3. Welcomes progress made by the State Party with increasing patrols throughout the serial property, including the implementation of the Spatial Monitoring and Reporting Tool (SMART) in all of its components;
      4. Notes with concern that poaching and forest loss, including as a result of encroachment, illegal logging and other illegal activities such as small-scale mining, continue to threaten the property, and requests the State Party to take urgent additional measures to ensure that the applicable laws are fully enforced and offenders prosecuted;
      5. Notes with appreciation that the completion of the Strategic Environmental Assessment (SEA) for road development plans that could affect the property, takes note of its conclusion that road development within the property would cause unacceptable habitat loss and biodiversity conflict and have a direct negative impact on Outstanding Universal Value (OUV) of the property, including the conditions of integrity, and also requests the State Party to:
        1. Continue ensuring that new roads within the property are not permitted, and consider that upgrading a footpath to a road for motorized vehicles represents a new road development,
        2. Prioritize better maintenance of existing roads and footpaths as a means for better meeting the needs of local communities,
        3. Ensure that any upgrade to existing roads and footpaths shall only be permitted if it would demonstrably not cause any negative impact on the property’s OUV;
      6. Noting the State Party’s statement that a preliminary study to explore the possibility of developing geothermal energy extraction will not be conducted within the property, reiterates its request to the State Party to ensure that any development of geothermal energy within the property remains prohibited by law;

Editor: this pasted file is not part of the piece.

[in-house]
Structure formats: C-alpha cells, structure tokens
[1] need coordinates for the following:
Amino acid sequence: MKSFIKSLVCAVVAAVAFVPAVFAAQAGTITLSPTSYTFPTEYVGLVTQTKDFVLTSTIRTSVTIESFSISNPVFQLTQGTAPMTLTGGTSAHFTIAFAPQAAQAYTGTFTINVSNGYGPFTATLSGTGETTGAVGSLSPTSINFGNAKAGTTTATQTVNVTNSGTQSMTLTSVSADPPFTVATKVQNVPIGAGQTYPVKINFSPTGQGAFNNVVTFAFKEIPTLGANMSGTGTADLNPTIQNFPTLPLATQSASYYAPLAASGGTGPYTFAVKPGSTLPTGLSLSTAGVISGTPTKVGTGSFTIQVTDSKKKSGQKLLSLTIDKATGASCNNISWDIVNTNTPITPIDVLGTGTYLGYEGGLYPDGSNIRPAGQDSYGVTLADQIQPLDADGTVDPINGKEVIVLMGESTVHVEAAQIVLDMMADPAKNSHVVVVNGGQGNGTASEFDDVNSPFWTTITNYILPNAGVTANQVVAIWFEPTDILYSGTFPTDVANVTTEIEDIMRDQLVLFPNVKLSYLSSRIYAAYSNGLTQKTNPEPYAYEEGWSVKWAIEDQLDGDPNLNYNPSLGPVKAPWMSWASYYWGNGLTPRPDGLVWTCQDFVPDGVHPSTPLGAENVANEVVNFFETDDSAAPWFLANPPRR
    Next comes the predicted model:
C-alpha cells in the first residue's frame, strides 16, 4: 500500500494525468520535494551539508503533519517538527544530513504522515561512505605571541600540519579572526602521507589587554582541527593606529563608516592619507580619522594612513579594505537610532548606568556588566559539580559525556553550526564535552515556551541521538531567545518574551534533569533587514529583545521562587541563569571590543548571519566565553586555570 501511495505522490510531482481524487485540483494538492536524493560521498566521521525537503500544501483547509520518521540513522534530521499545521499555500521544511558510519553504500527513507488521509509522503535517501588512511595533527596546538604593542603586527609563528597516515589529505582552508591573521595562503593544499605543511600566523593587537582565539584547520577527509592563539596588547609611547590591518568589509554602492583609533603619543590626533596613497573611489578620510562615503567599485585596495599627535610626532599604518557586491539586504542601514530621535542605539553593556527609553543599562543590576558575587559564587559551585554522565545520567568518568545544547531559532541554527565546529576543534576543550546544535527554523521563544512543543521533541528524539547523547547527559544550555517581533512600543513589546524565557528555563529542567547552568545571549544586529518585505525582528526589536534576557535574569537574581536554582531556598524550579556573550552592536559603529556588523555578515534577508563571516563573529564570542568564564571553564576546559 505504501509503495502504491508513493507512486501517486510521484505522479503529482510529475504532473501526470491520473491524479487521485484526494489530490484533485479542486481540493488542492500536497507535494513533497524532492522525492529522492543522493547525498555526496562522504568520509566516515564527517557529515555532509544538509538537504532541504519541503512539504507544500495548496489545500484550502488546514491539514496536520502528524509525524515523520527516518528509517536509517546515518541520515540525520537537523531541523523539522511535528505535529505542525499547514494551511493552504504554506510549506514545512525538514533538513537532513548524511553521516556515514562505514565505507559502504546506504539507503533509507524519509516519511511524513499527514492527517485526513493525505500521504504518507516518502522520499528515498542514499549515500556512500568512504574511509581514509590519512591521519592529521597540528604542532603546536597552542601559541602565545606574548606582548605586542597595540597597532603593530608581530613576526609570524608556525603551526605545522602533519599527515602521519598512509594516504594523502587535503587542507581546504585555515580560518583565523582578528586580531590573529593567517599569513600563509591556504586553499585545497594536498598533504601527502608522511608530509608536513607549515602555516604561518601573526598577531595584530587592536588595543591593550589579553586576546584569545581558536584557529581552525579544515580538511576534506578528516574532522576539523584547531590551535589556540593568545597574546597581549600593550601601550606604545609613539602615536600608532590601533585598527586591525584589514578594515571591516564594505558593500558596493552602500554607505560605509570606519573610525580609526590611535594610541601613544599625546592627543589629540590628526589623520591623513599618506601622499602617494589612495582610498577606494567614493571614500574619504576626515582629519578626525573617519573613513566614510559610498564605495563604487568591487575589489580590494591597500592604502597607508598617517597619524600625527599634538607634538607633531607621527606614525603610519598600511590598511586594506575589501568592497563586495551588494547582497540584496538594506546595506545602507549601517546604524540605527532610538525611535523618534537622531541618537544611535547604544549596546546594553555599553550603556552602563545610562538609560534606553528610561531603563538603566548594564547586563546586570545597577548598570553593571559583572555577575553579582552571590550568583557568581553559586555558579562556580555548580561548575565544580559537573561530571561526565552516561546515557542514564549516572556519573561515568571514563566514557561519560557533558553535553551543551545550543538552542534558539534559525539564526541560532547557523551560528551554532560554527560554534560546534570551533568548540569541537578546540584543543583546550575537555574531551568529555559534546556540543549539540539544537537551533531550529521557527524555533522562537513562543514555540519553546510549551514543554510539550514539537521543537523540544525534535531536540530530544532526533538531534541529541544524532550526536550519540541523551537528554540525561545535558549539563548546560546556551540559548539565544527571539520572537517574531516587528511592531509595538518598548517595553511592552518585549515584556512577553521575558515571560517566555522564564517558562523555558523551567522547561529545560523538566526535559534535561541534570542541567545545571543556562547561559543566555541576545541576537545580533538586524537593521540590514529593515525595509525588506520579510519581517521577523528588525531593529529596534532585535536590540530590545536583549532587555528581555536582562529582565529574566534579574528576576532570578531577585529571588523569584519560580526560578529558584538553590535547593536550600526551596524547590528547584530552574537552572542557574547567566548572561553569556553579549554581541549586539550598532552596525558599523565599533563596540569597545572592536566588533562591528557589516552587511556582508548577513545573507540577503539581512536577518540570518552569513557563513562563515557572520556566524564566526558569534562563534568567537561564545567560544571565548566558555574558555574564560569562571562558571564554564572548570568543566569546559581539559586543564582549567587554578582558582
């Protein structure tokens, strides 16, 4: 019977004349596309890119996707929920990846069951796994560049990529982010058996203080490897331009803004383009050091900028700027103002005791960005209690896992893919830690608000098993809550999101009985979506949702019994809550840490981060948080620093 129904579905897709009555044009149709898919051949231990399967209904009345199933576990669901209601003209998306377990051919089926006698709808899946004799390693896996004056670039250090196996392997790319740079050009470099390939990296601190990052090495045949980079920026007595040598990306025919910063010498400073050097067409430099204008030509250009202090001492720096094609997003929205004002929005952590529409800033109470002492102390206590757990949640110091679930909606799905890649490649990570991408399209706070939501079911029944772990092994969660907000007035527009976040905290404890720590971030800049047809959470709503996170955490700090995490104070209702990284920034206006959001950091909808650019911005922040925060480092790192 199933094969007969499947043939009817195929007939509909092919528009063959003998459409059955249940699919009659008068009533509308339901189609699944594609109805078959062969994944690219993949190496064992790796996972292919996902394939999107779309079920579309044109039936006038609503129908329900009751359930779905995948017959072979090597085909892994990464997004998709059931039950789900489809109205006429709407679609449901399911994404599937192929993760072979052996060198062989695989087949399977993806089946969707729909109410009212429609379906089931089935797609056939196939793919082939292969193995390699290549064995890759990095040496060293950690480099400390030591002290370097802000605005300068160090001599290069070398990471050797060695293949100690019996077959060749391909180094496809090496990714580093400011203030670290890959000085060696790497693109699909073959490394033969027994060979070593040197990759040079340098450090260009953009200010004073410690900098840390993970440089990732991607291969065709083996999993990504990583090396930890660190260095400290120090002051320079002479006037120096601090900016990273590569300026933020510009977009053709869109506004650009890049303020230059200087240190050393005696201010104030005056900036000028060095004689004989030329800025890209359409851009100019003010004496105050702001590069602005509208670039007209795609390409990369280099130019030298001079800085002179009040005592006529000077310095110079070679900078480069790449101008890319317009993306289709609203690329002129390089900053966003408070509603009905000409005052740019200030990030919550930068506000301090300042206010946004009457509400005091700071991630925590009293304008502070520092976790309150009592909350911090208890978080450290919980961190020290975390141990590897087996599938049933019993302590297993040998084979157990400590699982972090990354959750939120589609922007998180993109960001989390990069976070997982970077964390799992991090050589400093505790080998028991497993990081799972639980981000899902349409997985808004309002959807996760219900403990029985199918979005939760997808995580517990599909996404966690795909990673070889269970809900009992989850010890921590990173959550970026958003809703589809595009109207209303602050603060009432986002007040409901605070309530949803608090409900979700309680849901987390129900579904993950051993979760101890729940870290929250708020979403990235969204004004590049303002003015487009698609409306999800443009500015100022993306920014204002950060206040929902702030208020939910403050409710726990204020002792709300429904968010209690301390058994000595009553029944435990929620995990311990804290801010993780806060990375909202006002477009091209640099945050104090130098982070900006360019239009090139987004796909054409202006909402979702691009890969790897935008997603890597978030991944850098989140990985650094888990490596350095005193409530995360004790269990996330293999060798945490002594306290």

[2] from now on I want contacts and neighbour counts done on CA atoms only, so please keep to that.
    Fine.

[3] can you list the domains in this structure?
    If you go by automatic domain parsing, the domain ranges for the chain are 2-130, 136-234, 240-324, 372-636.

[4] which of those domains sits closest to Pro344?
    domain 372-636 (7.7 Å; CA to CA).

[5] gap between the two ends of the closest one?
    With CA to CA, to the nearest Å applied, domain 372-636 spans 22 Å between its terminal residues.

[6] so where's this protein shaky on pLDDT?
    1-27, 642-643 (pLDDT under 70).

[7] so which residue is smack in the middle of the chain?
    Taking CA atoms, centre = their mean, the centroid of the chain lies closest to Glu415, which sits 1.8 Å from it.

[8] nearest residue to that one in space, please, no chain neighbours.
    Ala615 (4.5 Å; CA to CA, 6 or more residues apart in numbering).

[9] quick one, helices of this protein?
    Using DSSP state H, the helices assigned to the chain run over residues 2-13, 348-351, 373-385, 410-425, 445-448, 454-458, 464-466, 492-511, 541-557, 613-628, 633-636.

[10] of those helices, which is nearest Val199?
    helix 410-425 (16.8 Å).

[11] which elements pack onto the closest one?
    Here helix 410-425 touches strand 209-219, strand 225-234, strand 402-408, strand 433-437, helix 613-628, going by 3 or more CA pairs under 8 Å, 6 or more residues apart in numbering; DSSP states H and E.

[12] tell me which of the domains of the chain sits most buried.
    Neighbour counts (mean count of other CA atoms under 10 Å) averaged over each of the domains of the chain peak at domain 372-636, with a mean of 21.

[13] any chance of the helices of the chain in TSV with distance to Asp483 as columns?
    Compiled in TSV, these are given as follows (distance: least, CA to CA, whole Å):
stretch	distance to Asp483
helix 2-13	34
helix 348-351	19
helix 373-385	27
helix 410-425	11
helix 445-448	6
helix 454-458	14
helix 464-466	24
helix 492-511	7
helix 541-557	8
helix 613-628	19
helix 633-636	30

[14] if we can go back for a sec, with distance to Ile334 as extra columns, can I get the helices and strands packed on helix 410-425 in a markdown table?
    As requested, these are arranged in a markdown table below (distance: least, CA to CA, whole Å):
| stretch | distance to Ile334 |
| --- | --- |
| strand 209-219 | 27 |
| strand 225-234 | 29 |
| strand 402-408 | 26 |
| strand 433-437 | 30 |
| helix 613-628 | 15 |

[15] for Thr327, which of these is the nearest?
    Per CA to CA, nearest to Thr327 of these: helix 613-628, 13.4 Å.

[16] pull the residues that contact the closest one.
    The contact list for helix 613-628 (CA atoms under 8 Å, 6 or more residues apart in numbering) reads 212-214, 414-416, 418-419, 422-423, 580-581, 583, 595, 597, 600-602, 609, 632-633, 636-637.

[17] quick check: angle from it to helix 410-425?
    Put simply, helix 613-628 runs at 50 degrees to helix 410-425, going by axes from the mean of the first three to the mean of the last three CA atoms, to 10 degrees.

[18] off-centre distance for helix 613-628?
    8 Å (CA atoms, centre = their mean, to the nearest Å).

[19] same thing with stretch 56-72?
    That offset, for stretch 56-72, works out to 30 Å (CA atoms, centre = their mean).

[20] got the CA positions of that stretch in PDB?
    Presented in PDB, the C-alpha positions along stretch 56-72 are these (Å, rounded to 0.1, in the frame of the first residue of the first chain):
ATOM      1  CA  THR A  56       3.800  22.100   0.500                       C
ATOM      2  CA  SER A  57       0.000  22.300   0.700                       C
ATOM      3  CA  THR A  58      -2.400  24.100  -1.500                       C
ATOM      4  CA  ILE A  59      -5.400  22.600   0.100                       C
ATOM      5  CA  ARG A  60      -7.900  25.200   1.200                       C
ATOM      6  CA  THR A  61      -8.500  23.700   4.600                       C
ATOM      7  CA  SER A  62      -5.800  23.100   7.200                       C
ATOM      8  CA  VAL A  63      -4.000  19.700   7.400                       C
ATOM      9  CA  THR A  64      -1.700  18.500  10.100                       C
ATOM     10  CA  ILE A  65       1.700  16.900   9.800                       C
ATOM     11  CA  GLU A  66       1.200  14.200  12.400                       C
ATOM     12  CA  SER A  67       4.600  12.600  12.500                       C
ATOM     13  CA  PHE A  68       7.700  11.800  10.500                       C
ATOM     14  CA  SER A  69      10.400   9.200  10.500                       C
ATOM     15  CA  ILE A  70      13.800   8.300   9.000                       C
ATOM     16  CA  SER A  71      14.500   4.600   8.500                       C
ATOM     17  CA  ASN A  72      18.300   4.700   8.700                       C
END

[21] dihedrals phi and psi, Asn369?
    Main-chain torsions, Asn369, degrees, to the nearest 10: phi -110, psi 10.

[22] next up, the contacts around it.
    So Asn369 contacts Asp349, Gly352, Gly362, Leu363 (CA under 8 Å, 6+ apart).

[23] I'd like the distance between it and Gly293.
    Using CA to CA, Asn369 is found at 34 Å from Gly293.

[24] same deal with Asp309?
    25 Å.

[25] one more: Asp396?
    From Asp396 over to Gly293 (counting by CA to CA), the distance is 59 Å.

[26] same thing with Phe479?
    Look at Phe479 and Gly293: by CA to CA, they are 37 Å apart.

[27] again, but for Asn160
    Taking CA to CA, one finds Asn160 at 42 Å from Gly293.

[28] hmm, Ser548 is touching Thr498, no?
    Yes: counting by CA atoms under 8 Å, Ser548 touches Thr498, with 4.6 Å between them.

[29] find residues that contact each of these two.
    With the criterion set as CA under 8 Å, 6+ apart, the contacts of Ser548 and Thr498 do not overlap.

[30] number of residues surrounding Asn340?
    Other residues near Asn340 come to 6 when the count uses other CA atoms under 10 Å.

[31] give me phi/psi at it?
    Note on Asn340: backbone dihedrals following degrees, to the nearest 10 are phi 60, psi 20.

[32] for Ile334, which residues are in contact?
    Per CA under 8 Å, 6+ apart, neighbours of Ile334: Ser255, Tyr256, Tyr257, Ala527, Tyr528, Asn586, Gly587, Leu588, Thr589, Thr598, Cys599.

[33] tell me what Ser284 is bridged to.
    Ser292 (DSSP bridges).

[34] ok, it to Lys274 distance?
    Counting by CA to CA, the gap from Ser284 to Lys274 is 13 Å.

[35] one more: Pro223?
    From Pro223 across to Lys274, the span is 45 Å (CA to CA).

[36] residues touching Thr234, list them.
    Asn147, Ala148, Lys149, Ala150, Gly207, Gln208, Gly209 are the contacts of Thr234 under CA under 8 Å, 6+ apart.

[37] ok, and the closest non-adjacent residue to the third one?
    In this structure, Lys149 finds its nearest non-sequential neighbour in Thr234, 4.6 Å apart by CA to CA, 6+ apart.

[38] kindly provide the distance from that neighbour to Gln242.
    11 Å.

7. Further requests the State Party to provide further information on measures taken to ensure that the Aceh Spatial Plan will not have any negative impact on the property and key areas in the Leuser Ecosystem, in line with the commitment made by the State Party in 2016;
      8. Urges the State Party to strengthen the property-wide monitoring of key species, including Sumatran Tiger, Sumatran Rhino, Sumatran Elephant and Sumatran Orangutan, in collaboration with its conservation partners, as specified in the corrective measures;
      9. Requests furthermore the State Party to invite an IUCN Reactive Monitoring mission to the property, which shall provide advice on any proposed geothermal development and its likely impacts on the OUV of the property and assess progress made with the implementation of corrective measures towards achieving the Desired state of conservation for the removal of the property from the List of World Heritage in Danger;
      10. Requests moreover the State Party to submit to the World Heritage Centre, by 1 February 2018, an updated report on the state of conservation of the property and the implementation of the above, for examination by the World Heritage Committee at its 42nd session in 2018;
      11. Decides to retain Tropical Rainforest Heritage of Sumatra (Indonesia) on the List of World Heritage in Danger.
      Report year: 2017
      Indonesia
      Date of Inscription: 2004
      Category: Natural
      Criteria: (vii)(ix)(x)
      Danger List (dates): 2011-present
      Documents examined by the Committee
      SOC Report by the State Party
      Report (2017) .pdf
      arrow_circle_right 41COM (2017)
      Exports

      * : The threats indicated are listed in alphabetical order; their order does not constitute a classification according to the importance of their impact on the property.
      Furthermore, they are presented irrespective of the type of threat faced by the property, i.e. with specific and proven imminent danger (“ascertained danger”) or with threats which could have deleterious effects on the property’s Outstanding Universal Value (“potential danger”).

      ** : All mission reports are not always available electronically.